The Fed’s Baffling Response to the Coronavirus Explained

When the World Health Organization announced on February 24th that it was time to prepare for a global pandemic, the stock market plummeted. Over the following week, the Dow Jones Industrial Average dropped by more than 3,500 points or over 10%. In an attempt to contain the damage, on March 3rd the Federal Reserve slashed the fed funds rate from 1.5% to 1.0%, in their first emergency rate move and biggest one-time cut since the 2008 financial crisis. But rather than reassuring investors, the move fueled another panic sell-off.

Exasperated commentators on CNBC wondered what the Fed was thinking. They said a half point rate cut would not stop the spread of the coronavirus or fix the broken Chinese supply chains that are driving US companies to the brink. A new report by corporate data analytics firm Dun & Bradstreet calculates that some 51,000 companies around the world have one or more direct suppliers in Wuhan, the epicenter of the virus. At least 5 million companies globally have one or more tier-two suppliers in the region, meaning their suppliers get their supplies there; and 938 of the Fortune 1000 companies have tier-one or tier-two suppliers there. Moreover, fully 80% of US pharmaceuticals are made in China. A break in the supply chain can grind businesses to a halt.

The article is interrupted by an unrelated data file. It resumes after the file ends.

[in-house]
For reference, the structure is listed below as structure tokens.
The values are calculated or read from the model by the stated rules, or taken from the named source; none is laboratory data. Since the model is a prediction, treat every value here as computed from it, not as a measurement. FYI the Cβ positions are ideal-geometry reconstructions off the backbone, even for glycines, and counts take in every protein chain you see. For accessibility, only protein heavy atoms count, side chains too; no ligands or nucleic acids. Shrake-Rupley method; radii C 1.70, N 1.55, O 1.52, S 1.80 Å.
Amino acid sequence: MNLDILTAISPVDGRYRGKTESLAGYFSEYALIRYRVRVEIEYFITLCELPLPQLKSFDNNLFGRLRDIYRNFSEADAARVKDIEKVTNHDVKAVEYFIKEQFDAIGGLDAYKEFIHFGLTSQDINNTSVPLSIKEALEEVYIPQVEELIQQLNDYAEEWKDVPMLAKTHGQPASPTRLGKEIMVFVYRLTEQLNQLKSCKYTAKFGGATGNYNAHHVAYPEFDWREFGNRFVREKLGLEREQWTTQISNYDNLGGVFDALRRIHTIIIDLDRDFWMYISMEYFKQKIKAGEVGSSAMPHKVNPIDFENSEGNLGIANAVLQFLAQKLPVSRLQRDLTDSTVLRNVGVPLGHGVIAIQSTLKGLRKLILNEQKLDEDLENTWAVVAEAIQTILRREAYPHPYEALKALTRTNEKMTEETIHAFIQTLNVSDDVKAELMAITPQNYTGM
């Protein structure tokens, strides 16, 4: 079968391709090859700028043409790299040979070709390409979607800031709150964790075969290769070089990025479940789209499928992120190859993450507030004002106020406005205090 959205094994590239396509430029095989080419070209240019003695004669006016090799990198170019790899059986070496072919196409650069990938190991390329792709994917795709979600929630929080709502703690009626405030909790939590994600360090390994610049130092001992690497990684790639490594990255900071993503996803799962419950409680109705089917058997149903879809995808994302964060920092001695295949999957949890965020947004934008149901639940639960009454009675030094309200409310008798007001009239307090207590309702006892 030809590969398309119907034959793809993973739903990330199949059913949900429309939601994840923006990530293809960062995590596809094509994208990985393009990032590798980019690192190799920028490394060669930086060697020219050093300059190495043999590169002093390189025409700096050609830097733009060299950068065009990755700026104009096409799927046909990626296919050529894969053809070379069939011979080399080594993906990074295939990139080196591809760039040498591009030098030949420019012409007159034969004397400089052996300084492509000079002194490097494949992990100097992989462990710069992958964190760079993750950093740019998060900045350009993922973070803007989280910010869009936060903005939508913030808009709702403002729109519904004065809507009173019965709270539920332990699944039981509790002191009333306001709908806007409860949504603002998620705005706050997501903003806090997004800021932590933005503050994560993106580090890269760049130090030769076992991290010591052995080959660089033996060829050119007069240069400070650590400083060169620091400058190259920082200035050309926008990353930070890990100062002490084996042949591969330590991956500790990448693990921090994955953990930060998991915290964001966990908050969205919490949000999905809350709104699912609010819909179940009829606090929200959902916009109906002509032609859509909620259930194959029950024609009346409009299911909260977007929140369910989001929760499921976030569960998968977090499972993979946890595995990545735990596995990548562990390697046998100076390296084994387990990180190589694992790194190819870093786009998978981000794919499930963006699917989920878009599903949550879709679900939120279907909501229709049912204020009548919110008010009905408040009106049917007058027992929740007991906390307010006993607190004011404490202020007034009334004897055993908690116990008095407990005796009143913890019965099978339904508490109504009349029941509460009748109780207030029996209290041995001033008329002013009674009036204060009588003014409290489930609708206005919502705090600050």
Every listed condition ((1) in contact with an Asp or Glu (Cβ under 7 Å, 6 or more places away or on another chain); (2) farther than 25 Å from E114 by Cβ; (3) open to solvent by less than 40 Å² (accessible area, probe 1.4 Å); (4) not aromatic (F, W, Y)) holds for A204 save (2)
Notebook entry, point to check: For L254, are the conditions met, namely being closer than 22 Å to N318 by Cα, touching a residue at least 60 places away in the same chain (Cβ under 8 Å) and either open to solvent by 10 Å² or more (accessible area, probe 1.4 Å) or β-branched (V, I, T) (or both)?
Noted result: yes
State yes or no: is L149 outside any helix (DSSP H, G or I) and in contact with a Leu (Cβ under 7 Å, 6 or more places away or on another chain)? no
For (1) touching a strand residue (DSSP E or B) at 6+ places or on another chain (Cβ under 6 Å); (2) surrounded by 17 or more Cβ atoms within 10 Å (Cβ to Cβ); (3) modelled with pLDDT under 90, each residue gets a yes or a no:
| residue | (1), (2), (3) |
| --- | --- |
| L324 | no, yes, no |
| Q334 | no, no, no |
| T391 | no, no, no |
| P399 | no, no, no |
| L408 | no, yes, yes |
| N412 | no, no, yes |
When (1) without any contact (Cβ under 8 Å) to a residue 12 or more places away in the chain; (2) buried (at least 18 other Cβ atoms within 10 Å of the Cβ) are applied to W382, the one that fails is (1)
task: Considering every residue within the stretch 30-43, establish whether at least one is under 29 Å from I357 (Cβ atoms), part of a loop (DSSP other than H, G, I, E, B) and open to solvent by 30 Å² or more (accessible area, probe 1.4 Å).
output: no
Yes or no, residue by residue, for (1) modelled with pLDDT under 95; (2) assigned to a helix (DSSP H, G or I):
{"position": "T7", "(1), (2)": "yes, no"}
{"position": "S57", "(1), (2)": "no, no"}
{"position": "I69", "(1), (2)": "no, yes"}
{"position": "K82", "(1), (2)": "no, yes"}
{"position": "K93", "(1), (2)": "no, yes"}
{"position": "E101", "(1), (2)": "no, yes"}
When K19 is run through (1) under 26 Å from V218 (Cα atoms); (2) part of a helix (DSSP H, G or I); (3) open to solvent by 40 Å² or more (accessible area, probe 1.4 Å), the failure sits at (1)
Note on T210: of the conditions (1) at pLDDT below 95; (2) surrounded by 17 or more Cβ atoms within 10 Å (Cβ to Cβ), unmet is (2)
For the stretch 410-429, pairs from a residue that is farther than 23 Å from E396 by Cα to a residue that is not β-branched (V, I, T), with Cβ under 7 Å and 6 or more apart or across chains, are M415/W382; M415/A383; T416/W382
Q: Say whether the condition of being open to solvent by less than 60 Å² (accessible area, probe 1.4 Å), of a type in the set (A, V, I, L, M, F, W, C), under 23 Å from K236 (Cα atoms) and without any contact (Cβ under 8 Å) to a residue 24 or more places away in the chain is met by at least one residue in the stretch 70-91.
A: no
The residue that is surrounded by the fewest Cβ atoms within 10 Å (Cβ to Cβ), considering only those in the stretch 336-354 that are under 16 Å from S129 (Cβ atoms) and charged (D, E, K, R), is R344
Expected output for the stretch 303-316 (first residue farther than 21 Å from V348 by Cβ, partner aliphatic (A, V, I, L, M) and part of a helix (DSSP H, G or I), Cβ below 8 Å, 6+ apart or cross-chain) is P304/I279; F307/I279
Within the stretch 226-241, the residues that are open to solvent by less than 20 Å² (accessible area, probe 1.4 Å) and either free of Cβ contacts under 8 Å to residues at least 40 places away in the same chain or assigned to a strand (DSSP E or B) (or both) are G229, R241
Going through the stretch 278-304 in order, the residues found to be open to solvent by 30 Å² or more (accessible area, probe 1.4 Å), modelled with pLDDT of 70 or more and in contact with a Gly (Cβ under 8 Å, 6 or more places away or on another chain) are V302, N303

So what was the Fed’s reasoning in lowering the fed funds rate? According to some financial analysts, the fire it was trying to put out was actually in the repo market, where the Fed has lost control despite its emergency measures of the last six months. Repo market transactions come to $1 trillion to $2.2 trillion per day and keep our modern-day financial system afloat. But before getting into developments there, here is a recap of the repo action since 2008.

Repos and the Fed

Before the 2008 banking crisis, banks in need of liquidity borrowed excess reserves from each other in the fed funds market. But after 2008, banks were reluctant to lend in that unsecured market, because they did not trust their counterparties to have the money to pay up. Banks desperate for funds could borrow at the Fed’s discount window, but it carried a stigma. It signaled that the bank must be in distress, since other banks were not willing to lend to it at a reasonable rate. So banks turned instead to the private repo market, which is anonymous and is secured with collateral (Treasuries and other acceptable securities). Repo trades, although technically “sales and repurchases” of collateral, are in effect secured short-term loans, usually repayable the next day or in two weeks.